Tuesday, January 04, 2011

The cavalry rides to the rescue?

We may (or may not) be coming into the last phase of the Okhotsk Sea drama with the arrival of the 15,000-ton icebreaker Admiral Makarov on station, ready to help rescue the trapped ships (pictured above).

The icebreaker Magadan is already on station and so are the ice-class tugs Irbis and Predanniy, dispatched to the rescue by the Maritime Rescue Coordination sub-center Yuzhno-Sakhalinsk. But what has not been made clear from the reports is the scale of this operation, as one of the trapped ships is by no means an ordinary vessel.

Originally described as "fishing boats" with crews totalling 600 in a BBC report, latterly we have seen three main vessels trapped, with about 400 people, described as the floating platform "Commonwealth", the research vessel the "Professor Kizivetter" and the refrigerated transport ship "Coast of Hope ". (And there may be two more - 1,300-ton trawler, Mys Yelizavety, which is less than half a mile from shore with 78 crew on board, and a trawler with a crew of 25, which also became trapped on Monday).

However, as best we can establish, the three main ships are the Sodruzhestvo, the 13,000-ton refrigerated fish carrier Bereg Nadezhdy and indeed the fisheries research ship Professor Kizevetter.

The one to watch is the Sodruzhestvo (pictured above - the name means "friendship" or "alliance"). Still being called a "fishing boat" by the financially well-endowed but intellectually impoverished BBC (and joined in that by ITN News), she is actually a huge floating crab canning factory.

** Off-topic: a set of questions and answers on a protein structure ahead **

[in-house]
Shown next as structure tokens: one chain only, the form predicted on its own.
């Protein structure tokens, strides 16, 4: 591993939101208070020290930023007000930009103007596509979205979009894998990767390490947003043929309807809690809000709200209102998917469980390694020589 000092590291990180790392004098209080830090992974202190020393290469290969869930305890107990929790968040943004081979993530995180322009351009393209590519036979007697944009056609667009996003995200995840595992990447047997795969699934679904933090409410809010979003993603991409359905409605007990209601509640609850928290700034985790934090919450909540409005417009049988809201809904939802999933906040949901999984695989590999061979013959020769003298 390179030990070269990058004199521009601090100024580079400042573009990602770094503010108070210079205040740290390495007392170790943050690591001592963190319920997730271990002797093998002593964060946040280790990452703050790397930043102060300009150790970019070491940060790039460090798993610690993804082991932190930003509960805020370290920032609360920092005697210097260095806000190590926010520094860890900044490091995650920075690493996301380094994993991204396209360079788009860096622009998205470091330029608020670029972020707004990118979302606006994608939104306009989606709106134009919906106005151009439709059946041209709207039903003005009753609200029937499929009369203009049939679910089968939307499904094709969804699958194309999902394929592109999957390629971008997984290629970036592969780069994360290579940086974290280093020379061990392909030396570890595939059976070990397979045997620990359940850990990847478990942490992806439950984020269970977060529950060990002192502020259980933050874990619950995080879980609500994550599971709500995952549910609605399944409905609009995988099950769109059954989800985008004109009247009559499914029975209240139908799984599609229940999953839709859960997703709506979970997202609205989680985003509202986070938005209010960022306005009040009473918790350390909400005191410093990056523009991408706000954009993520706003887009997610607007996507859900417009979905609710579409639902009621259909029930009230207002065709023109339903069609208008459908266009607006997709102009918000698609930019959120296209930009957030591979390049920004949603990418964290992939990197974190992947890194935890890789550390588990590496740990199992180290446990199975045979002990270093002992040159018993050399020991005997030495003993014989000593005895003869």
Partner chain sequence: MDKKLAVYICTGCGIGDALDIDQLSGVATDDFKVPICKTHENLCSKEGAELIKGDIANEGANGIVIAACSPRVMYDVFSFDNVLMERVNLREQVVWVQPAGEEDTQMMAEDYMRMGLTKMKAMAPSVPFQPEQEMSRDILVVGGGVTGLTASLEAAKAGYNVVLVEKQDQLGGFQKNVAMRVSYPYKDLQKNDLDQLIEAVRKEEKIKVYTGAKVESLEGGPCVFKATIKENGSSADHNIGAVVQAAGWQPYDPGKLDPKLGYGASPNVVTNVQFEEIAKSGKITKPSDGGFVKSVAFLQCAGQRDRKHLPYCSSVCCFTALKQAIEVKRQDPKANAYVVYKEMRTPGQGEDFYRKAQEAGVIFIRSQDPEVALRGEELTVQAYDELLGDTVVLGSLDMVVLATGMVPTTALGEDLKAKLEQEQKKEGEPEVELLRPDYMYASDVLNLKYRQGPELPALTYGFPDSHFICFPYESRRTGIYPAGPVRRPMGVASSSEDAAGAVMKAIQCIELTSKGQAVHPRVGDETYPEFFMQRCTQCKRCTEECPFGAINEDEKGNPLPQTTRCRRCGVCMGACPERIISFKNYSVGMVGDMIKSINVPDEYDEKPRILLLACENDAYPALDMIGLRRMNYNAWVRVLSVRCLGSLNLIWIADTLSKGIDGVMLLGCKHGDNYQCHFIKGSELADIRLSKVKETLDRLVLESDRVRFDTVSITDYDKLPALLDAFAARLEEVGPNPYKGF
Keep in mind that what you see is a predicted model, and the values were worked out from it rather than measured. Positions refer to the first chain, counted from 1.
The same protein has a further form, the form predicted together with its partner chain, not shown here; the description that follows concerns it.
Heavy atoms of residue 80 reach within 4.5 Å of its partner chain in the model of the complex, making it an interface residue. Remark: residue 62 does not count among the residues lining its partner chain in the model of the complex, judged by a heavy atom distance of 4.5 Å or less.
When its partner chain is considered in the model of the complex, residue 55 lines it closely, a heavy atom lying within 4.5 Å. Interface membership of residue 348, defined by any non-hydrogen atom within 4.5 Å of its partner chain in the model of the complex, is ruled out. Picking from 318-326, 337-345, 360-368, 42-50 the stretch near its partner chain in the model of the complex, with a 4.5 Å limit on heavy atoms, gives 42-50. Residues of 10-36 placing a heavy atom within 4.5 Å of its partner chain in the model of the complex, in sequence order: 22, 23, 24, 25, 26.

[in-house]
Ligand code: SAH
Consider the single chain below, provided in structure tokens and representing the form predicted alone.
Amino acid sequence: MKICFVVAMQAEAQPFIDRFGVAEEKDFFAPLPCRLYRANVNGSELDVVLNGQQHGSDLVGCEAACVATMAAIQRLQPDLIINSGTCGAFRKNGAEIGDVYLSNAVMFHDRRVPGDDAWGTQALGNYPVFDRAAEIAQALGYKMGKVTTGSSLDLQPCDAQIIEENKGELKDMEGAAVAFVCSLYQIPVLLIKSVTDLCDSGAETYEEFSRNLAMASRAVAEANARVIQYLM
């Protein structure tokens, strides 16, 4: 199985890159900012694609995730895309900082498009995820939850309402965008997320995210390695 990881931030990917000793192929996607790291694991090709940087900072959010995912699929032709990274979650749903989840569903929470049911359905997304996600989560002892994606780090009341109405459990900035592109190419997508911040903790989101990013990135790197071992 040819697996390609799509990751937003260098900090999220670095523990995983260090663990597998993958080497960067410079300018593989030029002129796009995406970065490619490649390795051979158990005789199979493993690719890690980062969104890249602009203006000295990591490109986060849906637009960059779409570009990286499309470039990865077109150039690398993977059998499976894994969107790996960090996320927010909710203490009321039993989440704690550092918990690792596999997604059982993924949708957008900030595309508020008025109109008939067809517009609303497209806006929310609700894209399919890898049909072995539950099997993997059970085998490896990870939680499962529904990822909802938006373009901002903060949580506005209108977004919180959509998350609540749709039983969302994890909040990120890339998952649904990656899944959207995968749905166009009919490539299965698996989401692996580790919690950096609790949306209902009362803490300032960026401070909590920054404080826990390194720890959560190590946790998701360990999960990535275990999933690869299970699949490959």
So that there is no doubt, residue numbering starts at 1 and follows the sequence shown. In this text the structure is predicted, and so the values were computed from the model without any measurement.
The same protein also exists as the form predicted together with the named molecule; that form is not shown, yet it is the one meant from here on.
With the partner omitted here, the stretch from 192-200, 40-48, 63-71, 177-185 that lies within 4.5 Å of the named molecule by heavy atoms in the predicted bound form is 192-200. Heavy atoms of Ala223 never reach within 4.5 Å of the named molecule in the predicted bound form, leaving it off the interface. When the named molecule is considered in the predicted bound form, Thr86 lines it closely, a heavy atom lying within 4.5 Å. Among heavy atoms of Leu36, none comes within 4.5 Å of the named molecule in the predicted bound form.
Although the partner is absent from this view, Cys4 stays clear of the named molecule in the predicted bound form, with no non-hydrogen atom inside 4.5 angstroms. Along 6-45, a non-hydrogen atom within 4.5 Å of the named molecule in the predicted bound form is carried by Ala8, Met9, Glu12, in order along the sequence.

Built in Finland and commissioned in 1989, together with sister ships Petr Zhitnikov (pictured below) and Vsevolod Sibirtsev, this 32,000-ton giant and its sister ships have no parallels. Each can carry a crew of up to 520 (although only 320 are reported aboard the Sodruzhestvo at this time) and are able to process enough seafood each day to fill up to 350,000 cans.

The ships are ice-hardened and are used to working in Arctic conditions. They are big enough to weather all but the most furious of storms. For the Sodruzhestvo to have been caught out, therefore, conditions must have been exceptionally severe – strengthening the suggestions that we are beginning to see a dramatic turnaround in the weather in the region.

Despite its size and power, the Admiral Makarov will have its work cut out rescuing the Sodruzhestvo. In the exceptional conditions prevailing, where the sea is so cold that the ice closes immediately behind an icebreaker, the Russians have developed a technique called the "close coupled tow", where the following ship is lashed directly to the icebreaker's stern.

This, though, is a hazardous manoeuvre and often damaging to the towed ship, which is literally dragged through the ice. Moreover, it has rarely if ever been tried with a ship the size of the Sodruzhestvo. Thus, while the cavalry have arrived, the drama may not yet be over.

And, working on the basis that the danger is never so acute as when politicians publicly offer reassurance, the situation looked more serious later this afternoon when Putin made a telephone call to the crew of the Sodruzhestvo, promising them "quick help", telling them that the icebreakers would not reach them until tomorrow, when a break in the weather is expected.

Much more of that and they are quite obviously doomed.